262937 Catalytic Reformation of Glycolaldehyde, Glyceraldehyde and Glucose On Pd(111): A Mechanistic Study

Thursday, November 1, 2012: 12:50 PM
317 (Convention Center )
Jesse R. McManus and John Vohs, Chemical and Biomolecular Engineering, University of Pennsylvania, Philadelphia, PA

The environmentally motivated shift towards a carbon neutral, sustainable hydrogen economy has spotlighted the need for advances in biomass reforming science. Utilization of biomass and biomass derivatives for hydrogen production can provide hydrogen fuel with a considerably smaller carbon footprint than the ubiquitous natural gas reforming process. However, the catalytic conversion of complex biomass feed molecules to hydrogen is not well understood, therefore there is a distinct need to elucidate the fundamental science for larger oxygenate bond scission. With a more comprehensive understanding of the catalytic bond scission of biomass derived oxygenates, extensions can be made to functionally similar molecules and catalytic chemistry predicted. An approach for bond scission characterization of the cellulosic monomer D-glucose and two simpler functional analogues on a Pd(111) catalyst is presented.

Characterization difficulties arising from the cellulosic sugars’ low vapor pressures have so far precluded their use in ultra high vacuum (UHV) surface science studies that have proven so successful in mapping out reaction mechanisms. Demonstration of the successful implementation of glucose in a UHV surface science study shows that this is no longer the case. A reproducible molecular glucose flux is verified using mass spectrometry and its adsorption on the catalyst surface is corroborated using temperature programmed desorption (TPD). Adsorption of glucose, glyceraldehyde and glycolaldehyde on the Pd(111) surface is characterized using high resolution electron energy loss spectroscopy (HREELS) in conjunction with TPD. Density functional theory calculations provide additional insights into the favored adsorption configurations. Results indicate an initial open ring, η1-adsorption through the aldehyde oxygen of glucose followed by transition into the energetically favored η2 di-sigma bonding configuration. This is observed similarly with glyceraldehyde and glycolaldehyde molecules pointing to initial chemistry being dominated by the aldehyde functionality.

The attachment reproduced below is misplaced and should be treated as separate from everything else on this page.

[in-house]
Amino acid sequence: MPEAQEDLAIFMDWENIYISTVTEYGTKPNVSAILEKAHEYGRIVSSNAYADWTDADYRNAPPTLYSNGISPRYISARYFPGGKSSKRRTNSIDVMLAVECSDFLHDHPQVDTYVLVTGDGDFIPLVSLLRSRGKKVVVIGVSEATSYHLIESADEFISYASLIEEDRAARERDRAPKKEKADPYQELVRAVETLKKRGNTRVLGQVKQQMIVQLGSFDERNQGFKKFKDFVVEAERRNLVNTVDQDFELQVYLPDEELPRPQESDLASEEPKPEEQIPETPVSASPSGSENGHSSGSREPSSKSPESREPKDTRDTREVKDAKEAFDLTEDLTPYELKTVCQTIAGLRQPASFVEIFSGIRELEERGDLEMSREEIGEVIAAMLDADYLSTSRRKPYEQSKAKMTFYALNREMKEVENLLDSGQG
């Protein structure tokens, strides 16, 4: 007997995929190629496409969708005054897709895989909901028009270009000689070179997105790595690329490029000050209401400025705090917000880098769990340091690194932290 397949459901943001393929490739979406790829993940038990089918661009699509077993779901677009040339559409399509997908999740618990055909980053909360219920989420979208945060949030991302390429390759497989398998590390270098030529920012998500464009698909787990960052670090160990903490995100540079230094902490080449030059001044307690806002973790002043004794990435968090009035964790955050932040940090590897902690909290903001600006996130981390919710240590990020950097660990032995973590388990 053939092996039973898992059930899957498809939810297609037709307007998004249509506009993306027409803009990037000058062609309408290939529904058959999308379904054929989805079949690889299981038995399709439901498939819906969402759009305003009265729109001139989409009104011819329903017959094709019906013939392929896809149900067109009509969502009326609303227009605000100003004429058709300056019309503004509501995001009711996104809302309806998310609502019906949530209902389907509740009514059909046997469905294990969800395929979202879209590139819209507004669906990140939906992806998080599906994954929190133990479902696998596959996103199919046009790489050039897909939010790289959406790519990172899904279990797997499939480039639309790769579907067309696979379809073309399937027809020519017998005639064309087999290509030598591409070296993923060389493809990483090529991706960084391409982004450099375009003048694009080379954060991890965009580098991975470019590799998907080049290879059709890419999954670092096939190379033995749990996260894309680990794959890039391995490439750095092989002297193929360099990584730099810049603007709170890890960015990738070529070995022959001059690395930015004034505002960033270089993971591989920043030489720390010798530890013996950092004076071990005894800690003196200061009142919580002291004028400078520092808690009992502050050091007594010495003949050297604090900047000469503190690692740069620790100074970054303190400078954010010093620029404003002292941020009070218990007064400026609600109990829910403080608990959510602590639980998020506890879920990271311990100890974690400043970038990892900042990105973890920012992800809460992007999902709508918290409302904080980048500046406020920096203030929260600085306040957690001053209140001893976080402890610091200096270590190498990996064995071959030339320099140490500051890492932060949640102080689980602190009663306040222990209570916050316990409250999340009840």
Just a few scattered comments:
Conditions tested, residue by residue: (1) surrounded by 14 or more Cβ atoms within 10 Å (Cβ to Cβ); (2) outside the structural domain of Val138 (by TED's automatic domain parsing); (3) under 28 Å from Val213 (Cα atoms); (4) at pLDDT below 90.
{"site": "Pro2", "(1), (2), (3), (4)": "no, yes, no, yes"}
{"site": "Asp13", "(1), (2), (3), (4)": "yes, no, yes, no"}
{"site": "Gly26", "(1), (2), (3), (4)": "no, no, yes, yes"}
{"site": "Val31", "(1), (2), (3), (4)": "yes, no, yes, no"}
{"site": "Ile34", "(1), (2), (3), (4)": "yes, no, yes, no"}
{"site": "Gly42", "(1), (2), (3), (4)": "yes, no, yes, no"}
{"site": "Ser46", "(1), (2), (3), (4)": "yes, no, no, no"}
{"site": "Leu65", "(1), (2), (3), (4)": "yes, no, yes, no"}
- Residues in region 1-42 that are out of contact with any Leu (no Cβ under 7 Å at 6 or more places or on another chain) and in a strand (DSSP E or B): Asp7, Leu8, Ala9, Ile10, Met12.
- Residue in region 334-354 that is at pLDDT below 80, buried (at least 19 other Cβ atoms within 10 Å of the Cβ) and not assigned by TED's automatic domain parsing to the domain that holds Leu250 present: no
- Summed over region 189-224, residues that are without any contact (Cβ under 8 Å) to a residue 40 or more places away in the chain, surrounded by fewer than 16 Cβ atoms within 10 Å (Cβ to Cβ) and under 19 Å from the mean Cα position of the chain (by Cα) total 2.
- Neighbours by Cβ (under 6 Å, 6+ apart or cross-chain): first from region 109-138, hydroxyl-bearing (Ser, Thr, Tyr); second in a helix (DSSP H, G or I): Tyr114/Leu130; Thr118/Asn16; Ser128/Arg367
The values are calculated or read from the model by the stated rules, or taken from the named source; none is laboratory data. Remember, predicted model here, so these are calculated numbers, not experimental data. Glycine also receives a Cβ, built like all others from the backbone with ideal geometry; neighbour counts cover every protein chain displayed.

Evolution of the energy losses in the HREELS data with increasing temperature outlines the sequence of bond scission events. Following transition into the η2 bonding configuration, the smaller molecules see O-H cleavage and subsequent adsorption through the alcohol oxygen. Continuing the sequence, C-C scission ultimately results in the production of CO and H2 products. These and additional similarities in adsorption mechanics and reaction chemistry between D-glucose and the simpler glyceraldehyde and glycolaldehyde molecules provide support for the use of functionally similar model compounds to predict the chemistry of complex biomass derived oxygenates in future studies.

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